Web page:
Wow. I’ve been so busy living my old fashioned vacation that I’ve had no time to write about it — until now.
Let’s see . . . where were we? Last time, I had just finished carding a pile of wool and had it all laid out waiting for my spinning lesson.
Immediately after publishing that post, I had lunch. And a cup of coffee. And a rest. And perhaps a beer. (Perhaps. The memories are a little hazy so many days later, but this does feel like a true account of my typical lazy vacation day routine.)
Finally, bright and early in the middle of the afternoon, I headed out to the shady backyard for my date with Granny Brenda and her magical spinning wheel.
First, Brenda gave me a demo.
Then, my oldest had her own brief spinning lesson while I looked on. Don’t they make a lovely team?
Then at last, it was my turn.
First, Brenda had me work the treadle with my foot without getting any wool involved (or hands, for that matter), so that I could get a feel for it and learn to keep a steady rhythm.
Rhythm achieved, we pulled the leader through and knotted a bit of wool to it, and I began spinning in earnest.
Of course, “earnest” might be overstating my beginning by just a little.
The rhythm I had so carefully learned immediately went out of whack. Apparently, working the foot treadle and the wool together is a bit like rubbing your tummy and patting your head at the same time — extremely tricky, at least until you get used to it.
And I very quickly found that spinning doesn’t work exactly how I’d always assumed it did.
I’d always thought that I would just hold the wool and let the machine twist it up neatly.
Not quite. What I had to learn to do is to let the spun wool (the wool in front of my pinched finger) build up potential energy, while I got the not-yet-spun-wool (the wool behind my pinched finger) into a wispy triangular “spider web” (to use Brenda’s apt description).
When the “spider web” was ready, I would pinch the wool behind it and release the pinch at the front, and — wham she-bam — the potential energy would burst into kinetic energy, spinning the prepared “spider web” of wool in a flash. I would then feed the spun wool through onto the bobbin, all the while getting the next “spider web” ready to go and keeping the treadle moving at an even pace.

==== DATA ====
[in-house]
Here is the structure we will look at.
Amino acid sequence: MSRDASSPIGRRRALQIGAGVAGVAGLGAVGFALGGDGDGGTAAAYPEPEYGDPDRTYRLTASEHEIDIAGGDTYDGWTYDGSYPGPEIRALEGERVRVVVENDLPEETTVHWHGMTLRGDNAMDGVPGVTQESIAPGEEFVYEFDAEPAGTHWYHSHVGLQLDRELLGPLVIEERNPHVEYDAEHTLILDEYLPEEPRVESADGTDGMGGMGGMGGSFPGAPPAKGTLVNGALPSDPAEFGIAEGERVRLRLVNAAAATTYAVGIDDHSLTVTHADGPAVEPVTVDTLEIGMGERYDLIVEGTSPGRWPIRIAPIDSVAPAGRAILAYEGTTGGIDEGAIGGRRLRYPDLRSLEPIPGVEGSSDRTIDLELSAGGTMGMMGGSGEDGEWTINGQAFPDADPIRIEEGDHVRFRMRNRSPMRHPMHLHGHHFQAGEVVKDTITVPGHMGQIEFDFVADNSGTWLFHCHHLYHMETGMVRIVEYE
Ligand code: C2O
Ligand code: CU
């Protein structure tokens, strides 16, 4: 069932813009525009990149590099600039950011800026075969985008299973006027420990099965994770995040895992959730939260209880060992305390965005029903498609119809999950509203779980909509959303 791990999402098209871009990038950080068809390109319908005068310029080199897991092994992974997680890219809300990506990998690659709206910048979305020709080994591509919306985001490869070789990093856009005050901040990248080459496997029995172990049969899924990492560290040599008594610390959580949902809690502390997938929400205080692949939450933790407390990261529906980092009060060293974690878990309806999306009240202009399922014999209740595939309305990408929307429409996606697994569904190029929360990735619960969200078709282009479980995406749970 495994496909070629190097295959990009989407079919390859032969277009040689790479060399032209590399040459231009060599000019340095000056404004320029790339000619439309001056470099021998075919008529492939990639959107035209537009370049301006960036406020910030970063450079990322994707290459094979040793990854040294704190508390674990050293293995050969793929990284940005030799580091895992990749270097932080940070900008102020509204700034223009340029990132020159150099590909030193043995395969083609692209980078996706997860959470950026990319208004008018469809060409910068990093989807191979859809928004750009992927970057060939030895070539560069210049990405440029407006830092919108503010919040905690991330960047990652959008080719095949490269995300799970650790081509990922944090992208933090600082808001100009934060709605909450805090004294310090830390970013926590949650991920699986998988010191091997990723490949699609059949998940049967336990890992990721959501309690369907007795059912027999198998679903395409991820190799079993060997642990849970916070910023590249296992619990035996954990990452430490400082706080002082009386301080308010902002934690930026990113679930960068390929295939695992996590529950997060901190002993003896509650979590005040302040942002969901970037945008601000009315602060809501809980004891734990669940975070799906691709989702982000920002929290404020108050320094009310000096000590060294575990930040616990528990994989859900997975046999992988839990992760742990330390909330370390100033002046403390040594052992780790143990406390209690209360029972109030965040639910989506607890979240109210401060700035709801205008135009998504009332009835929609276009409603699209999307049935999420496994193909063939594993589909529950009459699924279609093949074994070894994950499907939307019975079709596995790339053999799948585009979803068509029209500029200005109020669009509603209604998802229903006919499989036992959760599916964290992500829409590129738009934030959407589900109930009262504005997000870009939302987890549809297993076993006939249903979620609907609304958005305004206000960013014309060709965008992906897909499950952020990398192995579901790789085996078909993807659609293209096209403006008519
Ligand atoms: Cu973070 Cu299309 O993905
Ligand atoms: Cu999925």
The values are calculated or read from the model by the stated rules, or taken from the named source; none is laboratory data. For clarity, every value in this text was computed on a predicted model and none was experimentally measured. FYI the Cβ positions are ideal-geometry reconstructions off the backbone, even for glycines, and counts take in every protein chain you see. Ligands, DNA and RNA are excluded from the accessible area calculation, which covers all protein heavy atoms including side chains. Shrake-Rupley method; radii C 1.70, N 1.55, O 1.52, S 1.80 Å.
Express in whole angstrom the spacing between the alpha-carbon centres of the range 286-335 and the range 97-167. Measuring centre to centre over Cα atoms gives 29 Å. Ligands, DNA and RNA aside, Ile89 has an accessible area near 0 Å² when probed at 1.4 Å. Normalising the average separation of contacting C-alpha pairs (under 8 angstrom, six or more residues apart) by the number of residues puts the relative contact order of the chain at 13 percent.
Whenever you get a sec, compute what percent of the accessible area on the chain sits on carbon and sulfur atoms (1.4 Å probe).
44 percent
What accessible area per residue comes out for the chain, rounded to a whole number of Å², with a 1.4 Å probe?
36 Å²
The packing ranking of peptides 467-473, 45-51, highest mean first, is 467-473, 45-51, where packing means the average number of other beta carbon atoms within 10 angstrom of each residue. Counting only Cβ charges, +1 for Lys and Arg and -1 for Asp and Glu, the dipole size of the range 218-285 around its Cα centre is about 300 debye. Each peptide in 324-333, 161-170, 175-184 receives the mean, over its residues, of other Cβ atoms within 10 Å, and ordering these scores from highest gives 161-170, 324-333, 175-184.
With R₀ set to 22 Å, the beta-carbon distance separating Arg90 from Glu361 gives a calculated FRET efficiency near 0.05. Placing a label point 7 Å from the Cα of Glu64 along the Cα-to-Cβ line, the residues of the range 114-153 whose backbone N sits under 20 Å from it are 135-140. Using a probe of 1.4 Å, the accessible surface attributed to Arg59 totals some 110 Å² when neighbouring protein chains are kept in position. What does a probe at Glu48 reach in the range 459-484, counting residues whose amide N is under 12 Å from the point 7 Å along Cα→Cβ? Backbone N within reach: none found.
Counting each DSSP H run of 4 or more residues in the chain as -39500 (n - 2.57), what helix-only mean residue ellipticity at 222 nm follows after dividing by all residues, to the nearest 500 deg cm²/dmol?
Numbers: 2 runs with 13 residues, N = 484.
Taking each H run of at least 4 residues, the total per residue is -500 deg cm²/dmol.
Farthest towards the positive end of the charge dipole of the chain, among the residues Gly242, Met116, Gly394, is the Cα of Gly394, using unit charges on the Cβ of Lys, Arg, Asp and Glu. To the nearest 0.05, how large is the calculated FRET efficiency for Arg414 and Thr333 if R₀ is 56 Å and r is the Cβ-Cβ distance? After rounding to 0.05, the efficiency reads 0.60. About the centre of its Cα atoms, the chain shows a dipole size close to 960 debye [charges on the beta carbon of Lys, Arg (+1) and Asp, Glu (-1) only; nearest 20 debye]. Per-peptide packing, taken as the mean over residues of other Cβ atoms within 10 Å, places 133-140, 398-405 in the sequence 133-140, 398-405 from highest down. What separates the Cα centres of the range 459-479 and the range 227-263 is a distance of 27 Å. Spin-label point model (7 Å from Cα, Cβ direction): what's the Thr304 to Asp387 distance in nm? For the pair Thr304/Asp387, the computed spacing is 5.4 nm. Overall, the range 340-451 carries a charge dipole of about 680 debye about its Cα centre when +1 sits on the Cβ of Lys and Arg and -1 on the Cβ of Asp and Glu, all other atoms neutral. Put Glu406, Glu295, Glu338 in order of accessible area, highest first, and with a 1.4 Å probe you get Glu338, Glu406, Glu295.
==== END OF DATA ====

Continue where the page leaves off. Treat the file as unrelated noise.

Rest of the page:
It’s all much more complicated than I would have expected, especially given how quickly all of the above actually happens.
It took me quite a while even to begin to get the hang of it — actually sitting down and spinning for an extended period of time is, I suspect, the only proper way to learn spinning — but by the time I did finally start to get the hang of it, I was hooked. There was something at once so relaxing and so exhilarating (not to mention deeply satisfying) about the whole thing.
As an outsider to the craft looking in, I’d always half wondered what the appeal could be. It all seemed a little, well, dreary and monotonous, however fascinating and old-timey it might also happen to be.
But no. Spinning isn’t monotonous. It’s mesmerizing.
In fact, I dearly hope to find a little time to do more of it before I have to say goodbye to Granny Brenda and her magical wheel later this week.
Now, if only I could persuade myself to wear wool (which I have always abominably itchy), maybe I could someday justify getting my own spinning wheel!